But students should not be expected to cure the ills of our genuinely troubled classmates, or even our friends, because we first and foremost go to school to learn. The implication that Mr. Cruz’s mental health problems could have been solved if only he had been loved more by his fellow students is both a gross misunderstanding of how these diseases work and a dangerous suggestion that puts children on the front line.

It is not the obligation of children to befriend classmates who have demonstrated aggressive, unpredictable or violent tendencies. It is the responsibility of the school administration and guidance department to seek out those students and get them the help that they need, even if it is extremely specialized attention that canno4) t be provided at the same institution.

2) Apparently, human ability to metabolize caffeine comes in three genetic variants.  Pretty sure I’m a fast metabolizer.

3) Excellent Wired story on modern technology and the ever-changing boundaries of when a preemie can survive and what the implications may be.

4) Of course, Trump’s talk of executing drug dealers is Trump at his worst.

5) Speaking of the worst.  It’s pretty clear that there aren’t many worse humans than new National Security Adviser, John Bolton.  No wonder Trump likes him.  This NYT article nicely lays out what a pathetic human being he is.

6) When I first saw this NYT headline, I thought it was a metaphor, “A People in Limbo: Many Living Entirely on the Water.” It’s not (okay, it is, but also reality).  A totally amazing must-read/must-see visual essay.

7) The University of Virginia women’s basketball coach has had to give up her job so that she can actually adopt her Senagalese-born adoptive daughter.  And the hold-up is not Senegal, but US immigration authorities.  Shame on them.

U.S. Citizenship and Immigration Services said it could not discuss Boyle’s case because of privacy laws, but officials said the agency aims to process cases efficiently and “considers the welfare of the child to be paramount.”

“We are committed to acting in the best interests of the children and families while upholding the integrity of our country’s immigration system,” spokeswoman Joanne Ferreira said in an email.

Apparently, they decided the “paramount” welfare of the child in this case involves leaving the home she knows in America to live in Senegal indefinitely?  Or somehow adopting African children will undermine the “integrity” of our immigration system?  Ugh.

8) And, hey, speaking of the U.S. Government doing wrong… how about telling teachers they get grants for paying for their education if they work in high-need areas, but then turning those grants into multi-thousand dollar loans due to inconsequential paperwork issues.  What is wrong with people?!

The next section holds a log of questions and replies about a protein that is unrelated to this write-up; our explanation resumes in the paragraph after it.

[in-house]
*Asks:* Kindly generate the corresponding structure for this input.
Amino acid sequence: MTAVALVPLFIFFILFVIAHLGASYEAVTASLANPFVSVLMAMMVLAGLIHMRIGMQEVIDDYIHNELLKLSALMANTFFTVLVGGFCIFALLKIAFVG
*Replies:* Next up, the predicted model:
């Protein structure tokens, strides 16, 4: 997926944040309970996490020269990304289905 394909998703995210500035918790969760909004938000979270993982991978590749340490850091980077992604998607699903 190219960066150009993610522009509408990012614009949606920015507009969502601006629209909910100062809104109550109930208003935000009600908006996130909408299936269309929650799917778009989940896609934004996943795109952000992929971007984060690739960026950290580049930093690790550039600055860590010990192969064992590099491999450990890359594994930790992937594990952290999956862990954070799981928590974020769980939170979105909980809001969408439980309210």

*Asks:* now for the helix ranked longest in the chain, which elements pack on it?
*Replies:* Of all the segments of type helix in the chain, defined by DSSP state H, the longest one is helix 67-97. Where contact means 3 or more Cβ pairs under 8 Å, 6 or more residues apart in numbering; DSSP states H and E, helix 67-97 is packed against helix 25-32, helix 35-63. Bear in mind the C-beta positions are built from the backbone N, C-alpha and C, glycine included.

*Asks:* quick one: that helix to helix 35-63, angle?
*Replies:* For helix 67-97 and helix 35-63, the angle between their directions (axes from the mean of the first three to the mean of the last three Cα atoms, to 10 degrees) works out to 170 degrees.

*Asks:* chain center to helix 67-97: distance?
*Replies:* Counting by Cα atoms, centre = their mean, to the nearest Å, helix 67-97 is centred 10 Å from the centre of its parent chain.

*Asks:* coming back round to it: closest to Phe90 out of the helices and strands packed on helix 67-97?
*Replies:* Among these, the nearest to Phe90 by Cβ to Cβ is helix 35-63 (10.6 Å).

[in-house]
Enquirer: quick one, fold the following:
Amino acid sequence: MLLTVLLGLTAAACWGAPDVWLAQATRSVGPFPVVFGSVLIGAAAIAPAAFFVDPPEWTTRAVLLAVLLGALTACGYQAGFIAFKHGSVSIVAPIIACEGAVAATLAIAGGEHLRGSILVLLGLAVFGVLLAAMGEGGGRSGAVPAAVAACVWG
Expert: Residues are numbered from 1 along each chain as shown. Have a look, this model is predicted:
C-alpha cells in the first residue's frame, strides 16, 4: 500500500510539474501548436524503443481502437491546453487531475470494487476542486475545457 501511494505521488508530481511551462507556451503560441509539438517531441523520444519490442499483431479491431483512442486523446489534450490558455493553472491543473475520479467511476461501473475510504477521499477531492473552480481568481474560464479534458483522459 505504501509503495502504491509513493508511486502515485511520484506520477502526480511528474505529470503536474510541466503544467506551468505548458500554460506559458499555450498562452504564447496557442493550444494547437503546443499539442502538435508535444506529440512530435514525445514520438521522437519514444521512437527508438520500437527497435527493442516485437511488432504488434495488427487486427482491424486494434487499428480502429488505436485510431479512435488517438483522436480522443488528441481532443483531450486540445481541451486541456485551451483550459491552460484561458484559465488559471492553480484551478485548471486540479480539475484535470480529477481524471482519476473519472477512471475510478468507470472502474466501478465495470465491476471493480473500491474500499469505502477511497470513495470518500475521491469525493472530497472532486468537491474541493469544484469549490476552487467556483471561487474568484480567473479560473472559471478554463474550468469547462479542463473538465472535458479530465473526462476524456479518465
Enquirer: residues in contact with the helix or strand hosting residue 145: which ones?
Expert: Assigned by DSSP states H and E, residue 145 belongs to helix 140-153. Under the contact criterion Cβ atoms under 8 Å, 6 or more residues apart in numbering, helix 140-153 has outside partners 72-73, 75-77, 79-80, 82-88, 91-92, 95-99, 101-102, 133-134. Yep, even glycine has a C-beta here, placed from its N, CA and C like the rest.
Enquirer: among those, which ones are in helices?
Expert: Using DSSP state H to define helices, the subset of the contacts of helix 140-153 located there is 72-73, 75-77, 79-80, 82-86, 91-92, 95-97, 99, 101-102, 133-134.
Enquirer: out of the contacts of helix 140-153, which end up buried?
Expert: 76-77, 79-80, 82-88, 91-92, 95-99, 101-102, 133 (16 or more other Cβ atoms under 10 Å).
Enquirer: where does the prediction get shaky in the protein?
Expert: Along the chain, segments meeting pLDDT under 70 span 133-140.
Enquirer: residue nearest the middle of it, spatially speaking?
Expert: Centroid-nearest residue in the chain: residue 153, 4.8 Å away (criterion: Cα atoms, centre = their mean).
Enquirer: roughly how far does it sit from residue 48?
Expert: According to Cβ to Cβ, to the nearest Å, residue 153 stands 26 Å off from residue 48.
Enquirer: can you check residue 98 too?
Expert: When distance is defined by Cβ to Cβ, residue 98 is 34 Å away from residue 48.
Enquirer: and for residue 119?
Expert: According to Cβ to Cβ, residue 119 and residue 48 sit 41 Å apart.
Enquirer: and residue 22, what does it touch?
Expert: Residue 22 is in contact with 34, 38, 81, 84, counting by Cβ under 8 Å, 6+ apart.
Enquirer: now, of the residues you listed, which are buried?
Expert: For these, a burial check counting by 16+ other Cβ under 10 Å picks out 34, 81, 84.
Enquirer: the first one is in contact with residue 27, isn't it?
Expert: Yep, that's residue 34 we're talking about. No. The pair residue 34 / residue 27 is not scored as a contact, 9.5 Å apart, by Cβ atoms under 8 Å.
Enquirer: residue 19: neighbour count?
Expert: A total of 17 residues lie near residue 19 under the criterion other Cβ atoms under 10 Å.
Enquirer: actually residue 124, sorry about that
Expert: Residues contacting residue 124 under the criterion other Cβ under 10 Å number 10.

9) The whole NFL cheerleader thing annoys me as it is just clearly the idea that there should be female “eye-candy” at football games.   And then these ridiculous rules they place on the cheerleaders like they are some model of 19th century Victorian virtue.  Like the New Orleans Saints’ cheerleader who was fired for posting a photo of herself in a one-piece swimsuit on a friends-only Instagram account.  Please!  (The photos are so tame).

10) I was quite intrigued with this latest finding on education, marriage, and turnout.  This is something I’ll be sharing with my classes for some time to come:

A large literature finds a positive relationship between marriage and turnout. However, previous research has ignored the characteristics of the partner. This paper contributes by studying how a partner’s education level is associated with individual turnout. The data cover the US for a time period of more than 40 years, as well as 24 European countries over a time period of 12 years. Including the partner’s education level in a model of who votes shows that the partner effect on voting may have been misinterpreted in the previous literature. The relationship between having a partner and turnout is not as general as it is often assumed. Instead of a small positive effect for a large proportion of the population (married people), there is a substantively larger association between turnout and a small proportion of the population, namely, the less-educated individuals who have a highly educated partner. [emphasis mine]

11) Good argument on how we need to re-think tenure decisions in academia.  And, yeah, more good evidence that we really shouldn’t be using student evaluations as currently constituted.  I do really like the idea of re-thinking these based on some of the more innovative student survey approaches in K-12.

12) Ezra Klein’s lengthy take on the history of “the science” of race and IQ was really, really good.

%d bloggers like this: